Douwe Blumberg, the artist and sculptor of the De Oppresso Liber statue, and Mr. Doug Stanton, author of the book Horse Soldiers, stand in front of the 18-foot bronze statue
at the Winter Garden Hall in Two World Financial Center near Ground
Zero, Nov. 11, 2011, prior to the start of the New York City Veterans Day Parade. Photo by
Army Spec. Kerry Otjen
NEW YORK, N.Y. (11/22/2011) - "It was as if the Jetsons had met the
Flintstones," stated Capt. Will Summers, former Special Forces team
sergeant for the 5th Special Forces Group (Airborne), as his team
linked up and operated with members of the Afghan Northern Alliance
just weeks after the 9/11 attacks.
A decade later those same
words would resonate throughout the Winter Garden Hall in Two World
Financial Center near Ground Zero as Vice President Joseph Biden,
standing before the Ground Zero flag, spoke to the audience
assembled for the dedication of a larger than life bronze statue
depicting those same Green Berets.
Members of Task Force
Dagger - a joint Special Operations team consisting mostly of Green
Berets from the 5th SFG (A), aircrew members from the 160th Special
Operations Aviation Regiment (Airborne), and Air Force Combat
Controllers - gathered with the Vice President and various New York
business leaders and veteran support groups as they unveiled and
dedicated an 18-foot statue, entitled De Oppresso Liber.
Oppresso Liber, which in Latin means 'to liberate the oppressed',
depicts a Special Forces Green Beret on horseback leading the
invasion into Afghanistan in the weeks that followed the World Trade
Center attacks. It captures the iconic image of adaptability, skill,
and courage that characterized the mission and quality of U.S. Army
Special Forces soldiers.
As the Nation's first responders
overseas, the Green Berets of the 5th SFG (A) were given the mission
to hunt down those responsible for the 9/11 attacks and bring them
The Special Forces teams faced enormous
operational challenges and were required to rapidly adapt 21st
century combat technologies and tactics into age old Central Asian
models of guerilla and tribal warfare as they partnered with the
Afghan tribes of the Northern Alliance.
Needing suitable transportation to navigate the difficult
mountainous terrain of Northern Afghanistan, the Special
Forces Operational Detachments – Alpha, or A-teams, were
provided horses by the Afghan tribes they were supporting.
The Green Berets readily accepted this form of mobility and
proceeded to assist and advise the Northern Alliance
fighters from horseback, similar to the cavalry days of old.
Coordinating military operations while on horseback with
local tribal warlords, the Green Berets accomplished in
weeks what many thought would take months, if not years -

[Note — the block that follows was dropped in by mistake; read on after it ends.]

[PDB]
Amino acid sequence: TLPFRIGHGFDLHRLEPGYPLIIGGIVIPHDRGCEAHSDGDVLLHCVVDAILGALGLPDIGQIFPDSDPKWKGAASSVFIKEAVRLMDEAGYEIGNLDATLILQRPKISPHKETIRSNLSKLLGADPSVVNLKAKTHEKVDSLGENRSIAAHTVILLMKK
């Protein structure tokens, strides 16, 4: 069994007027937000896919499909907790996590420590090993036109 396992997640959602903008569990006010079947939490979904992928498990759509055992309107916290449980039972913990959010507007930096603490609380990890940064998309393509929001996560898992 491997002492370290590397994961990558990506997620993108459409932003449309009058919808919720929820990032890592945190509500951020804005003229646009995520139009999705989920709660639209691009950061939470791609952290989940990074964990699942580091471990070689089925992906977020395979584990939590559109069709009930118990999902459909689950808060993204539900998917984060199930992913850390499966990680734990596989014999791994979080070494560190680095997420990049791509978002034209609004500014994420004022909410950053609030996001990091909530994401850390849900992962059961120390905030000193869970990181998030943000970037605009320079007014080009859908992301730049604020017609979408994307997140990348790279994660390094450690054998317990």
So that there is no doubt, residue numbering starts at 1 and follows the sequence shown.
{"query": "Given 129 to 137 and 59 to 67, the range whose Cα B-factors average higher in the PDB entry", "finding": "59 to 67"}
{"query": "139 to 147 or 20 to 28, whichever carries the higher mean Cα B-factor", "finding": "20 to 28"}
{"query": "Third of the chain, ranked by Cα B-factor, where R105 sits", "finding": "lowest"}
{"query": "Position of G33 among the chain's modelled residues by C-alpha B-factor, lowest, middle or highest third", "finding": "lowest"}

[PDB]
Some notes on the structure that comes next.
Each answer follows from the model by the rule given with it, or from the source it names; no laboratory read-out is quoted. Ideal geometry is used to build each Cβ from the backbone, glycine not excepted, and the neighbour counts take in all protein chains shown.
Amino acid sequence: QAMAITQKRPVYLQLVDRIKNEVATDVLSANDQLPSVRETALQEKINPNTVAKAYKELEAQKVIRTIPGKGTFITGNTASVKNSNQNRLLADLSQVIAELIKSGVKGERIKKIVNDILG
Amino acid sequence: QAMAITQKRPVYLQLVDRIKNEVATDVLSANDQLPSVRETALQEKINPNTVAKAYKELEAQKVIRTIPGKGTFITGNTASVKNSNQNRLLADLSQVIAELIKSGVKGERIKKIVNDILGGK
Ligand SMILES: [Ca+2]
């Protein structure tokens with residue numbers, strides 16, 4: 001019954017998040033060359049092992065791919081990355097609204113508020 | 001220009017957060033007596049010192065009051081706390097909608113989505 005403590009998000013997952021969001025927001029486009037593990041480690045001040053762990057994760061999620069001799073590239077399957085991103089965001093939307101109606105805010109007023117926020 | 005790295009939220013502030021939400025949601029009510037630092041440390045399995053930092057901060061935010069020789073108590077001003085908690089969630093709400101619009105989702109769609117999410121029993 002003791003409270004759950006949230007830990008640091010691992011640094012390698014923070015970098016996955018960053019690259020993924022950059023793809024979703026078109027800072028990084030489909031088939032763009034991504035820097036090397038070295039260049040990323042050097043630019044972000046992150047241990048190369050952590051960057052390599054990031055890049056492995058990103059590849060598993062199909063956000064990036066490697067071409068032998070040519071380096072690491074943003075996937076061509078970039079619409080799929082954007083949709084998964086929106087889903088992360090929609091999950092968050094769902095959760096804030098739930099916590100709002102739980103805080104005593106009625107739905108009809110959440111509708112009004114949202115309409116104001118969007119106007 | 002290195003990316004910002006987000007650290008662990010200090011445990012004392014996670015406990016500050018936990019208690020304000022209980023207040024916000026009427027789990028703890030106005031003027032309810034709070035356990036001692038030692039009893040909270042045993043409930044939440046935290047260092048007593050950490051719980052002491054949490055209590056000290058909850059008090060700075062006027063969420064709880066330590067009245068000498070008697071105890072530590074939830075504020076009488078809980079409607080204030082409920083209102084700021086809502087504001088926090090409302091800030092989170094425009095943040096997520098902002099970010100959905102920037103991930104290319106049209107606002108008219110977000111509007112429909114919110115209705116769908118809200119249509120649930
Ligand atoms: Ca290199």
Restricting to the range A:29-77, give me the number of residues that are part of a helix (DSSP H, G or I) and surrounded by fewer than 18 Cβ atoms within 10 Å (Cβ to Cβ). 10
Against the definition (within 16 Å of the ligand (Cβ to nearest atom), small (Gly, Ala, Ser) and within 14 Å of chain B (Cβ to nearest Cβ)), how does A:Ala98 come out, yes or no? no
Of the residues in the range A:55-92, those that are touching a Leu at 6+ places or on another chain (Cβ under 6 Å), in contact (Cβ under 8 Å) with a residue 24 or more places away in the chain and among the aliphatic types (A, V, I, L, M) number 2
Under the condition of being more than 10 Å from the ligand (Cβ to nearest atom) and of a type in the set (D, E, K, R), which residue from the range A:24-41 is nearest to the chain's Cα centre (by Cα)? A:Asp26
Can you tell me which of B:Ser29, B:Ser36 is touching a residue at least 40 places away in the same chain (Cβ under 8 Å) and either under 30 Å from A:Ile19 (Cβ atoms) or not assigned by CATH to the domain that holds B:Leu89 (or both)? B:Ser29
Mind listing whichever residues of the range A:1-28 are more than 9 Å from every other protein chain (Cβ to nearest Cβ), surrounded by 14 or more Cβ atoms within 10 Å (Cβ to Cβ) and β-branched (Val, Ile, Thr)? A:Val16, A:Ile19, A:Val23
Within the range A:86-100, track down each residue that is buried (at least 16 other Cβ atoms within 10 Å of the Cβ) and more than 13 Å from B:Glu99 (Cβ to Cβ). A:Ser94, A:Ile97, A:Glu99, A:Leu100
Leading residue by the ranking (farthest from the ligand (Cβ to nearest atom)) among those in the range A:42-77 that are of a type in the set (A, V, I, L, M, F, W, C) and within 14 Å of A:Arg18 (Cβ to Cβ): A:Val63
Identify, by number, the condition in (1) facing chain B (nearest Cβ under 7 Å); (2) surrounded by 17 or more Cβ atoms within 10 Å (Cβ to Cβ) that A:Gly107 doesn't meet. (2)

defeating the Taliban and pushing surviving members of
al-Qaeda into the mountains of Pakistan. Soon thereafter,
the Green Berets would adopt the familiar title of Horse
In honor of the victims of the 9/11 attacks
each Green Beret A-Team carried with them pieces of steel
recovered from the rubble that was the World Trade Center.
At the site where each A-team completed their mission they
respectively buried a piece of the World Trade Center steel
and a properly folded American flag.
As the first
unit to invade Afghanistan and take the fight to those
responsible, the burial ceremonies in Afghanistan would
forever bond the Green Berets of the 5th SFG (A) to the New
York City first responders. It was a bond formed from an
understanding and an ability to relate to those first
responders who risked their lives to go to the aid of
others, those who ran toward the World Trade Center, not
away, those who were climbing up stairwells, not down them.
It was only fitting that on this Veterans Day,
traveling down the middle of New York's famous 5th Avenue,
the De Oppresso Liber statue and more than 50 "Horse
soldiers'' and their family members followed directly behind
the New York Police and Fire Departments and the Port
Authority Police Department contingents representing the
members of those organizations killed in the World Trade
Lt. Gen. John Mulholland, commander
of the U.S. Army Special Operations Command and former
commander of Task Force Dagger, reminded those present
during the dedication ceremony later that evening that this
statue is not just a memorial for the Horse soldiers. This
statue is for all those who shared the common bond and
responsibility to protect America's homeland – whether it
was in New York City, Washington D.C., Shanksville, Pa., or
Now, a decade later and due to the tireless
efforts of many, a statue, designed and sculpted by Douwe
Blumberg, found a home near Ground Zero in New York City.
The Two World Financial Center will serve as a
temporary home for the statue. It will eventually relocate
to a site overlooking the 9/11 Memorial and Ground Zero - a
fitting, final resting place for the Horse Soldier Memorial
More photos available below
By Army Maj. Brandon Bissell
5th Special Forces Group (A)
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